Karrie Jacobs


November 11, 2009

The Interstate Thing

The Buffalo Skyway

A piece I submitted to the New York Times op-ed section back in January just ran in today’s paper. It’s been updated somewhat, tied to the current unemployment situation, and condensed …a lot. Looking at the Interstate system and other roadways as a vast repository of land and infrastructure is something I’ve been doing for a while. An earlier and more nuanced take on the subject ran in Metropolis back in January.

The original, unedited version of the piece I wrote for the Times concluded like this:

The most significant thing about the Interstate system, however, is that it represents a huge quantity of land, about 40 acres per mile or 1.87 million acres. And untold quantities surrounding land have been scarred by proximity to the Interstate. Anyone who drives knows that the areas around interchanges, designed for maximum expedience, are among the least appealing landscapes in America. Instead of continuing to write-off the land adjacent to the highways, and the median strips, as an eternal no-man’s land, we should look at this acreage as a resource. And instead of decrying the development that gloms on to the interstate as sprawl, we should figure out a way to transform those land use patterns into something efficient, livable, and sustainable.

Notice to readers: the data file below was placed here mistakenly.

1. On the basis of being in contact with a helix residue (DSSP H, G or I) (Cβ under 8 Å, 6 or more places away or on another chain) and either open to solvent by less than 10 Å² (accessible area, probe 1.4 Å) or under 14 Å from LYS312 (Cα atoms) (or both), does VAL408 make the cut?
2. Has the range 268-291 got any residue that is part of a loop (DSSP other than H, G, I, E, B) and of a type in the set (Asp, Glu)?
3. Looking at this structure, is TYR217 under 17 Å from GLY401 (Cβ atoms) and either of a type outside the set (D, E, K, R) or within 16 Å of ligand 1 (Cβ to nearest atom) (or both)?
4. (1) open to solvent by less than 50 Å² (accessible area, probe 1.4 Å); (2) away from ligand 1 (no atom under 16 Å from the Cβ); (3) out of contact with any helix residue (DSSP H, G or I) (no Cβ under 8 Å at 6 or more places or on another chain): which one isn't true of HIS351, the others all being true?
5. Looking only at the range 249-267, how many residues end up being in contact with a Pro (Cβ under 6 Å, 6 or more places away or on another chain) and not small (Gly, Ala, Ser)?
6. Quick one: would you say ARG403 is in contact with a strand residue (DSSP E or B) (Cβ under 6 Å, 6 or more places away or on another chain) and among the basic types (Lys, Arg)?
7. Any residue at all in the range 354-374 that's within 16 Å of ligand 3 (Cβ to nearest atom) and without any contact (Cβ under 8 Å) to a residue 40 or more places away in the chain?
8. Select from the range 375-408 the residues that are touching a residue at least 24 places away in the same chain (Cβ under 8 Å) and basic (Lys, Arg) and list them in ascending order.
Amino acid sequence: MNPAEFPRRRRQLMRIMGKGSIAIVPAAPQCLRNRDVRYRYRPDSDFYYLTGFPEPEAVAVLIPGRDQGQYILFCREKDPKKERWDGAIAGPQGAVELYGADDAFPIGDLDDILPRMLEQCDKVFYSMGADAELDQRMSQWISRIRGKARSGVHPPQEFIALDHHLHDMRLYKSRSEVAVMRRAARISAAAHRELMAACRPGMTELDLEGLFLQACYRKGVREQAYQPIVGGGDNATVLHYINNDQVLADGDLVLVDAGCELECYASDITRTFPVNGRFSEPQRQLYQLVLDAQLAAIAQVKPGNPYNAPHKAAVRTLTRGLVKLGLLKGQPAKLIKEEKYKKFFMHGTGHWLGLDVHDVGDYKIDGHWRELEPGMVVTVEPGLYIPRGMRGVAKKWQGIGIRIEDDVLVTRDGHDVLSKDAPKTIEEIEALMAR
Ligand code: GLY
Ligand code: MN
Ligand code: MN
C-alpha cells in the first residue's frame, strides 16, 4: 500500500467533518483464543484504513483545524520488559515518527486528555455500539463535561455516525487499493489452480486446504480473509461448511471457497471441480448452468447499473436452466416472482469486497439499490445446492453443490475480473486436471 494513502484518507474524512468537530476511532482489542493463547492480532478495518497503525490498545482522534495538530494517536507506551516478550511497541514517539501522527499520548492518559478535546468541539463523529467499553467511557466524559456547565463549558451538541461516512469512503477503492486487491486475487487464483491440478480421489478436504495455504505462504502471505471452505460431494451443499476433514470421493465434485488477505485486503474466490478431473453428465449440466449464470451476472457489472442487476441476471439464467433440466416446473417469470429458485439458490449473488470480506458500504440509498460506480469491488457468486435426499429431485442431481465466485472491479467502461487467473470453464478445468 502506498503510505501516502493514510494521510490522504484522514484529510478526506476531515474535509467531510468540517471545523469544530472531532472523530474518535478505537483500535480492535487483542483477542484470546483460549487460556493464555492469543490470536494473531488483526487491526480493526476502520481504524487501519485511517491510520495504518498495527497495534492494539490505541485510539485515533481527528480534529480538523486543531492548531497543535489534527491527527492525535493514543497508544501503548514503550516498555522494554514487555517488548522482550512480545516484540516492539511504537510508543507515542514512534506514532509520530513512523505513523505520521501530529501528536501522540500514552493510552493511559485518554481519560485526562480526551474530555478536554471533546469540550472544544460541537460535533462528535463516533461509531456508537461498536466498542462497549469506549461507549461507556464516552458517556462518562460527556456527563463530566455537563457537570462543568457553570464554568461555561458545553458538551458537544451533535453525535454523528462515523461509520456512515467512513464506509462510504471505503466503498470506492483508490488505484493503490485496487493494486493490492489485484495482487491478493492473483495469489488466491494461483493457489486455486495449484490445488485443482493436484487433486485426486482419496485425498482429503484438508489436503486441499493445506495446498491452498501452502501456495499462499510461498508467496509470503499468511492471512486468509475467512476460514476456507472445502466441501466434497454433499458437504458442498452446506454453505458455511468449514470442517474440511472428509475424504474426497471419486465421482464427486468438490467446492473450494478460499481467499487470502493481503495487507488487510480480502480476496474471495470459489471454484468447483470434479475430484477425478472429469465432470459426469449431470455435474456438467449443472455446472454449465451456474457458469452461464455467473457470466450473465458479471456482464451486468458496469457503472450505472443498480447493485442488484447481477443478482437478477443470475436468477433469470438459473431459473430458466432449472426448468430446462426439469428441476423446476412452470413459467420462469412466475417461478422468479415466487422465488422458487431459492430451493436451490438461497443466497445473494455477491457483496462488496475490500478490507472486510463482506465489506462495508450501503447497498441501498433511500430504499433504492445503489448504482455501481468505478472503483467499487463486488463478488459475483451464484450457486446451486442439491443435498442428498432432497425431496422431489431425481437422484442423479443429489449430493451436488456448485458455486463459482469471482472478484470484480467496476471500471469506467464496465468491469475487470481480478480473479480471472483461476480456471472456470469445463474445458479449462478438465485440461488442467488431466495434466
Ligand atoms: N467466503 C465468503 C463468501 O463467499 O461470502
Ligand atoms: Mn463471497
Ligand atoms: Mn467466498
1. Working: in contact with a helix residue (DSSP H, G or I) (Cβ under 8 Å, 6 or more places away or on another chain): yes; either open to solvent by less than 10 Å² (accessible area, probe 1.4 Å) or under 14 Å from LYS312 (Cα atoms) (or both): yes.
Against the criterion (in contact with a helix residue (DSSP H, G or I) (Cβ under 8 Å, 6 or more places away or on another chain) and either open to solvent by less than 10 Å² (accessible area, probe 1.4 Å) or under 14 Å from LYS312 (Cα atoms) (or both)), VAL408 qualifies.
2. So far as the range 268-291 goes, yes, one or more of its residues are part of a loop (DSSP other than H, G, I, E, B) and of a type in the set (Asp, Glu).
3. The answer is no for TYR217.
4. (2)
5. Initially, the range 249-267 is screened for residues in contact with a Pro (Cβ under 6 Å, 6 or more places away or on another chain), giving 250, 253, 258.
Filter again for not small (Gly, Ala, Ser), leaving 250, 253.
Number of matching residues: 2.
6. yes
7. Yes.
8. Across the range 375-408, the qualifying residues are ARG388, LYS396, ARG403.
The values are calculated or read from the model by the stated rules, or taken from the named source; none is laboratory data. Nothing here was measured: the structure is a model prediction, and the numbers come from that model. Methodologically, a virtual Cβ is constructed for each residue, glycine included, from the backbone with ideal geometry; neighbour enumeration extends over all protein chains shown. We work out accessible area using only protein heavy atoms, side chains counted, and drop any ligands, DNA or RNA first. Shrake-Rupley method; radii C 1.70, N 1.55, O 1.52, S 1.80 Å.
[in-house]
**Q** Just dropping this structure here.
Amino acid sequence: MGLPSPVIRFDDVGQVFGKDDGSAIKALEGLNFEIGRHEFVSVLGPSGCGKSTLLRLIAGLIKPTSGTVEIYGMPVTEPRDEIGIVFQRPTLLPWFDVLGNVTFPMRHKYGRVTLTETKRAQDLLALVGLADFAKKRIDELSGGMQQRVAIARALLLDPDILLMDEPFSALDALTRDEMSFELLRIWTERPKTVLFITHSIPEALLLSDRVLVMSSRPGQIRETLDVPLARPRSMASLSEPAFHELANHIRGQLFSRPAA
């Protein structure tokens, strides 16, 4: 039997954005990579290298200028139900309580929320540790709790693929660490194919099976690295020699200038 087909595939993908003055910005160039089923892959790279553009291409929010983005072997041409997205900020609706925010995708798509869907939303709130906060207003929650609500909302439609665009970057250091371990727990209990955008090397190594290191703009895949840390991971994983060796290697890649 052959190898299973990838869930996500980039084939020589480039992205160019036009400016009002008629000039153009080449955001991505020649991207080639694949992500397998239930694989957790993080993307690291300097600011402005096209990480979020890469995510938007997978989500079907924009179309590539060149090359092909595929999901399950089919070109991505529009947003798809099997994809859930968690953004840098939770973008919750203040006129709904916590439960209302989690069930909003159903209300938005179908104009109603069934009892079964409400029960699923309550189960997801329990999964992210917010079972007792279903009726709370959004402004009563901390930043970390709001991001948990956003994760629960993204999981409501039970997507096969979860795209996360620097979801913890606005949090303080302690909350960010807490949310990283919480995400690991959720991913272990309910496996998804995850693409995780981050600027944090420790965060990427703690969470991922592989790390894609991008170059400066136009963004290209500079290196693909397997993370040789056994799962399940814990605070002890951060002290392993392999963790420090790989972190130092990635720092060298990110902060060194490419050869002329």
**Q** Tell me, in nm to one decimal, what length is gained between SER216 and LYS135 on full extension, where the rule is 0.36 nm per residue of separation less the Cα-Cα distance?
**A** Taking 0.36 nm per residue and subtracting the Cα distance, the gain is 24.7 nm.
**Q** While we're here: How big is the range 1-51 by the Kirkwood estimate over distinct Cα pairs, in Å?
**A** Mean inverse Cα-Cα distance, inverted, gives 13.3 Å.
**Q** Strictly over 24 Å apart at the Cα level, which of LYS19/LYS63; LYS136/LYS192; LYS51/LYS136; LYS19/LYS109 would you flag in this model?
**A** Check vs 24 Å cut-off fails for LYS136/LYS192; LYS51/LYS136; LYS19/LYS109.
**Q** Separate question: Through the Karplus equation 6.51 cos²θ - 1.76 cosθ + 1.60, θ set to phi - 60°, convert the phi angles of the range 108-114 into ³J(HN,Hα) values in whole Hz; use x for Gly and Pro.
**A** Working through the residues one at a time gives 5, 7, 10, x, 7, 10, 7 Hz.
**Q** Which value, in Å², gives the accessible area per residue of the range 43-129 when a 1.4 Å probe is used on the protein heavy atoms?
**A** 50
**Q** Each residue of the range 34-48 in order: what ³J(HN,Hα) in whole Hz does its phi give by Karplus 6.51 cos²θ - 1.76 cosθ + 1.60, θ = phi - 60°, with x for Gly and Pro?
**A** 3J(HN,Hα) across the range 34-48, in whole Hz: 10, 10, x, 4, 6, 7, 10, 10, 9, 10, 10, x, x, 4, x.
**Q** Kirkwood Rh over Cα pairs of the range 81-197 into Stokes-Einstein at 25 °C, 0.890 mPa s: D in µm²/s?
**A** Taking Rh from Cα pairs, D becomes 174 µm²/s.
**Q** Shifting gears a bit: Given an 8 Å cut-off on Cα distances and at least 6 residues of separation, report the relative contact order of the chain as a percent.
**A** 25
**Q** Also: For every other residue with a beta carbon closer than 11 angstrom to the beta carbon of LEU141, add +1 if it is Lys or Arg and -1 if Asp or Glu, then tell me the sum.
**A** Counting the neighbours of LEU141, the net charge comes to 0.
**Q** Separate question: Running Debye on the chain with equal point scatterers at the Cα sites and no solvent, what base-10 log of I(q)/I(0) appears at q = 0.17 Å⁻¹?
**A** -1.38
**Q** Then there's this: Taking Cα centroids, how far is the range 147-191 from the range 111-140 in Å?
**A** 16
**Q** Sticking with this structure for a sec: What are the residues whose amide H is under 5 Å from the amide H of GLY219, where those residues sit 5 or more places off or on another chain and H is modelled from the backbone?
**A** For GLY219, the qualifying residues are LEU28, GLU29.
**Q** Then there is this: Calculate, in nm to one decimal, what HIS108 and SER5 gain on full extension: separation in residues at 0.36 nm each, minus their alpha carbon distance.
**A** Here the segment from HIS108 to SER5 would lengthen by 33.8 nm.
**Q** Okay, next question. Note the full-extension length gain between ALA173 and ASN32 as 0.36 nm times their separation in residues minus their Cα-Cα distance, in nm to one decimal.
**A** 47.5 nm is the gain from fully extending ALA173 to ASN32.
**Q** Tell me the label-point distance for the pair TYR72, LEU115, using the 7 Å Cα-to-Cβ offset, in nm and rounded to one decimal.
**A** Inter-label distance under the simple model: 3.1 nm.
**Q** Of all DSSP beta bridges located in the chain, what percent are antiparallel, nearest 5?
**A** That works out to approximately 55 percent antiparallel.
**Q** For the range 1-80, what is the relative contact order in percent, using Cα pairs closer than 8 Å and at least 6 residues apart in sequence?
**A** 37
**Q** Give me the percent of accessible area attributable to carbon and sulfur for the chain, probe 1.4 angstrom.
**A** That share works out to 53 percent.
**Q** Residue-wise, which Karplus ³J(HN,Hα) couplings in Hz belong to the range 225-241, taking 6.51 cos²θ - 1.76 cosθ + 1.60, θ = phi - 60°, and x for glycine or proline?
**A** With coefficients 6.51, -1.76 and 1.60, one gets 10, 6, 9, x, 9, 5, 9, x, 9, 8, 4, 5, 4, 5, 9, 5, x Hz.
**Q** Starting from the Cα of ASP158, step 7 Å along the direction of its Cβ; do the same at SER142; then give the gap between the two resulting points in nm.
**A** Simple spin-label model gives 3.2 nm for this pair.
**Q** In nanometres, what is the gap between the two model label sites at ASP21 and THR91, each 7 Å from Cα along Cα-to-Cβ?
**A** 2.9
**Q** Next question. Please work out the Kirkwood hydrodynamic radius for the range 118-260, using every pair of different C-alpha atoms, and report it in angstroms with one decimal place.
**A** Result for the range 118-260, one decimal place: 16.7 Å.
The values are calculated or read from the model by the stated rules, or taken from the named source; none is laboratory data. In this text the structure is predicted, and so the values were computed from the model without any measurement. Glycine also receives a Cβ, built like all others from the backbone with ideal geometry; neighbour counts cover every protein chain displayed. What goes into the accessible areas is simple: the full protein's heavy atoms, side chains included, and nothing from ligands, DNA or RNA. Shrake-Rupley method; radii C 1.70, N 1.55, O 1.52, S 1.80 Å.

We no longer have a frontier, we’ve learned that open space is finite and can’t afford to throw away or squander land. If, in our cities, we are redeveloping what’s known as brownfield sites, disused industrial property, perhaps it’s time to reclaim land blighted by the highway system. If our interstate system is transformed so that it’s no longer just a ghetto for the internal combustion engine, and if enough of the people still driving are driving cars that pollute less – and, yes, trucks will have to evolve, too — and make less noise, the interchanges, sprawling mazes of Byzantine traffic patterns and massive parking lots can be transformed into urban hubs, where people might actually want to live or work, change trains or even go for a stroll. Instead of devoting tens of billions of dollars to repaving Eisenhower’s vision of the future, we should use that money and our ingenuity to establish a vision of our own.